Saturday, 15 June 2019

Christine Plummer – Brusho 27th July 2019 Skellingthorpe Rd

The aim of the day is to make several sheets of decorative paper that can be reused for other projects or they can be made into a book.

- Brusho (you can share mine for a small cost)
- Jars if you are using your own Brusho
- Brushes, sponge brushes
- Small spoon
- Kitchen knife
- Wallpaper, lining paper, (you can buy some from me)
- Luggage labels, lace threads ribbon (these must be cotton) any other interesting papers
- Pastels, Inktense pencils, Wax crayons - (Don't buy any of these specially, just bring what you have).
- Plastic and paper to cover tables
- 4-5 old plastic carrier bags
- Rubber gloves and pinney

Monday, 27 May 2019

15 June 2019 Jacqui Armitage's stitch club - Tambour stitch

Tambour hooks are being provided. Bring a sit on frame if you have one - if not we will manage by wedging the hoop.

We’ll be starting on net to learn the stitch so that everyone can see exactly what to do.  If people then want to practice it a bit more on material they can, and then we’ll move to organza for the bead work. 

You can then make a brooch, a decoration for the hair, or a ‘badge’ to sew on some clothing.

Fabric and threads - detail from Jacqui
Natural fibres are best to work on because they give and then go back into shape.  If you have any net to do the initial practicing of the stitch on, that would be good, although I will be bringing fabrics and net with me.  I’ve even used tight woven cotton/silk mixes that were curtain samples!  In theory you should be able to tambour on practically anything.  You must have the fabric in a hoop though, you just can’t work it without it being under tension.  Threads you can use anything, sewing cotton, metallic etc, but I reckon the easiest thing to start with is DMC coton a broker no 12.  I’ve also used beading thread when putting beads on.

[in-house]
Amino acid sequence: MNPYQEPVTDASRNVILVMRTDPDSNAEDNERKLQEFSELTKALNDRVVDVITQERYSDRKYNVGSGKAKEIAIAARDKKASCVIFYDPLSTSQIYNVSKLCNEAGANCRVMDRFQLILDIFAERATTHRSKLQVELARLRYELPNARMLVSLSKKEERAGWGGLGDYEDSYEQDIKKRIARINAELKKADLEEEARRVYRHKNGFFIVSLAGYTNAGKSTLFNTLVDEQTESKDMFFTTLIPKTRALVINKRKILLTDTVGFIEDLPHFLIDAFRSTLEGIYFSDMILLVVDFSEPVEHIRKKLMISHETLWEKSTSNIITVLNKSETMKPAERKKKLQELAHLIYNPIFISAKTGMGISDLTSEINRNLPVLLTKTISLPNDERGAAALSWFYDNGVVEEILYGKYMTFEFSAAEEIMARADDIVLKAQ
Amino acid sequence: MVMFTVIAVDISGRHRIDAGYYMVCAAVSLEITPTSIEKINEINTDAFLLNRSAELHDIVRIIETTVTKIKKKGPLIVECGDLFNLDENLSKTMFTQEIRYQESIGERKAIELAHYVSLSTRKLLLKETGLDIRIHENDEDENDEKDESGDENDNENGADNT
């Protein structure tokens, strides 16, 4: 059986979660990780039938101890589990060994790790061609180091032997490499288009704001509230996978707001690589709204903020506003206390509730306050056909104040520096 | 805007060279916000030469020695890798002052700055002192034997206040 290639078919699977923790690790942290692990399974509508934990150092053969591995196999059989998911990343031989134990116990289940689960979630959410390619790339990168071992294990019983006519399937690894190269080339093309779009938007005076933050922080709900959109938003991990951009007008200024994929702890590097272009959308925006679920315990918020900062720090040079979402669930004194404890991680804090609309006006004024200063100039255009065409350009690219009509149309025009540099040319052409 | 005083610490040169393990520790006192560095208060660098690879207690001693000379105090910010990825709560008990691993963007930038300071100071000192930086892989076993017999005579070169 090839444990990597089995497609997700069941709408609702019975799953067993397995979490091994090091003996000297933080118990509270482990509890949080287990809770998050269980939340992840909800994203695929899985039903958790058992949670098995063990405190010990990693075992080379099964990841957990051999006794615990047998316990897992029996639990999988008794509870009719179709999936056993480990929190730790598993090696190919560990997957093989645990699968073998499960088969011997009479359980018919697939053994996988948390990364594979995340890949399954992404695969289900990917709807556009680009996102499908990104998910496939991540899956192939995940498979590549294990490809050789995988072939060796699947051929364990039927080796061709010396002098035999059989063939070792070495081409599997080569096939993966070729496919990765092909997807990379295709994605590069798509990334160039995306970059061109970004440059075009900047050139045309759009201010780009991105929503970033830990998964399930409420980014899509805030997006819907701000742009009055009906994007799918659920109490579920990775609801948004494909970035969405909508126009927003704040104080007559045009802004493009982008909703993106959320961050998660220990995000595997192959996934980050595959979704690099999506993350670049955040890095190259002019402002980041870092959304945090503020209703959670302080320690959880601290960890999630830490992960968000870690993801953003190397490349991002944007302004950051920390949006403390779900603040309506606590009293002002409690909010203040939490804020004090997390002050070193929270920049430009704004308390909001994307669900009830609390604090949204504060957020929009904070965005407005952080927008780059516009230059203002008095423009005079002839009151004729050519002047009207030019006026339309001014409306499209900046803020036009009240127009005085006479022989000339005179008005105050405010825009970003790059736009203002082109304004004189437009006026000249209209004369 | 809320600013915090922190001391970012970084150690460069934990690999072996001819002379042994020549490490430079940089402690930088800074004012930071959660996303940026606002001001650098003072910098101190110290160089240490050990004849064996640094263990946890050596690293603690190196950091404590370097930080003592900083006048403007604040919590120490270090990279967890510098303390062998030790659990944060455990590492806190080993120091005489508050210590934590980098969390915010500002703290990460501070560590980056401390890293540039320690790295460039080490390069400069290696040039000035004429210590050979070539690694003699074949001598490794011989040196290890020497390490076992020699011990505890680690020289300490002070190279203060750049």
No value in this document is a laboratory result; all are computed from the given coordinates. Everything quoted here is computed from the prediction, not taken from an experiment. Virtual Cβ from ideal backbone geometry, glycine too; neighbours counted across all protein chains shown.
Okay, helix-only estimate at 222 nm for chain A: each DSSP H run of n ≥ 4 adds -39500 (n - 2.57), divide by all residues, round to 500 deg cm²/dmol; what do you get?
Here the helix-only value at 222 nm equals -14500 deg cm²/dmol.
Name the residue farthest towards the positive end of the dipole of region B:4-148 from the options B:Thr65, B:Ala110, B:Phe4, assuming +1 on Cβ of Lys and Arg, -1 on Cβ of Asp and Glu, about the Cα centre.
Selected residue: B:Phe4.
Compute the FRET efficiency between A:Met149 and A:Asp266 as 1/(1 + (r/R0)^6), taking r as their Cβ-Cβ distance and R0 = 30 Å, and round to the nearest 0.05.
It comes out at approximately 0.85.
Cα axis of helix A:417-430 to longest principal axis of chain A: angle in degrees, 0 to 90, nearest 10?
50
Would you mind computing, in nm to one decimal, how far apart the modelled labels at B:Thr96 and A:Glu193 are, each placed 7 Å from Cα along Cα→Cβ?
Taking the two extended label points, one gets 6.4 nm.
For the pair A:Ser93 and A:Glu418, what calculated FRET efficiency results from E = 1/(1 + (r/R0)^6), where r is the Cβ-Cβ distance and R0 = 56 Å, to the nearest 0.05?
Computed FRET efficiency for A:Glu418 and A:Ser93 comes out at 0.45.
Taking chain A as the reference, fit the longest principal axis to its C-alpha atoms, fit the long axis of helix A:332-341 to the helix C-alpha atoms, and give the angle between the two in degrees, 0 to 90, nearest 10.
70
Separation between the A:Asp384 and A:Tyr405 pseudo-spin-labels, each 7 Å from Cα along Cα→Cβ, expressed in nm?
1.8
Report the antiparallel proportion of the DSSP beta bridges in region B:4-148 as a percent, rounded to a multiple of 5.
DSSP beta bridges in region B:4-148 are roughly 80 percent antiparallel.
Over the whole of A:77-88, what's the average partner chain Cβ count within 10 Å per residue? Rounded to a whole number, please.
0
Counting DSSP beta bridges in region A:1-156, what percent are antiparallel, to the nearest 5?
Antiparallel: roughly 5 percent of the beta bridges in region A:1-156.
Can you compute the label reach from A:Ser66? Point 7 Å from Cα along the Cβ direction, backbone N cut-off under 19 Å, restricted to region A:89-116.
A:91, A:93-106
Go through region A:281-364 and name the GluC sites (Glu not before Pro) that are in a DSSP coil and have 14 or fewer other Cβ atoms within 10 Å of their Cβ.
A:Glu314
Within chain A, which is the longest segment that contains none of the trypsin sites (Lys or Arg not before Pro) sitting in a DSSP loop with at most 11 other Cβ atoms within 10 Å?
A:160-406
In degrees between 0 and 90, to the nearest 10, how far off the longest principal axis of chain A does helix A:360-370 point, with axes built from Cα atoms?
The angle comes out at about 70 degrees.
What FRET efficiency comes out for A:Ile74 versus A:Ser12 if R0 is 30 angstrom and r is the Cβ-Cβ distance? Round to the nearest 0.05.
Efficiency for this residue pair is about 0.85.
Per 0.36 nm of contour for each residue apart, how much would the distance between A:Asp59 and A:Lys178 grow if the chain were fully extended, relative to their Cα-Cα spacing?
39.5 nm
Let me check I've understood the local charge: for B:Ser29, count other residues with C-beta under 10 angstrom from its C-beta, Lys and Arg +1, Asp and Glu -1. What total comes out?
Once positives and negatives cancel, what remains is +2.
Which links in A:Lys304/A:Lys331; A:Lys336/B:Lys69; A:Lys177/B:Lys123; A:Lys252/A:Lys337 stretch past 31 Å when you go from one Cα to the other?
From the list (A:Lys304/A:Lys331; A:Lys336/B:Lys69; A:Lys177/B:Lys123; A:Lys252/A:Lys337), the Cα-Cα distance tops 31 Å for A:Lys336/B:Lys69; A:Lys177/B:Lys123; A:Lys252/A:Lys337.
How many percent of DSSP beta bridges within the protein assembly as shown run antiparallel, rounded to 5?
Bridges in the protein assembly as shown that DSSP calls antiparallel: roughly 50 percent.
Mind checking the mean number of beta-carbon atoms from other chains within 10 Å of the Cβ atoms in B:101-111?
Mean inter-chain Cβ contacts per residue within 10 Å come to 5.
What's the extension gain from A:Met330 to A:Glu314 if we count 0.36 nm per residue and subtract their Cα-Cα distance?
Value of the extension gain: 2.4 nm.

Tuesday, 30 April 2019

Brushstrokes with stitch by Sheila Walker - Stitch club Saturday 18th May 2019 at Skellingthorpe Rd (not the 17th)

starting at 10, ending at 3


Image for your inspiration. Choose something with clear brushstrokes. Van Gogh is a good one.
Base fabric. Fairly open weave will allow for thicker threads.
Embroidery hoop- optional.
Rule and pencil
A variety of threads in various thicknesses. Novelty yarns can be interesting.
Needles to suit your threads and usual sewing kit

Heat on Fabric stitch club - some work 27/4/19

Friday, 12 April 2019

Heat on Fabric - stitch club by Kate Steane 27th April 2019, Heighington Thomas Garrett Rooms 10-3

Heat on Fabric – three projects

Use a heat gun to create bubbles; decorate with beads 

 Iron on disperse dyes with paper stencils

With a soldering iron make marks, holes and seal one fabric to another

Please bring
Metal tray if you bring your own heat gun or soldering iron
Scissors for fabric
Small scissors for cutting your own paper stencils

Optional  - I will have some to share
Kunin felt (also known as acrylic or synthetic felt)
Synthetic lining material in colours of your choice
Polyester organza (sheer) in colours of your choice

I will provide
Dry papers spread with disperse dyes (also known as transfer dyes)
A range of paper stencils
Polyester cotton
Iron and old towel
Small metal pastry cutters
Synthetic lining material in limited colours
Some Kunin felt
Tyvek already coloured
Lutradur already coloured
Some polyester organza/sheers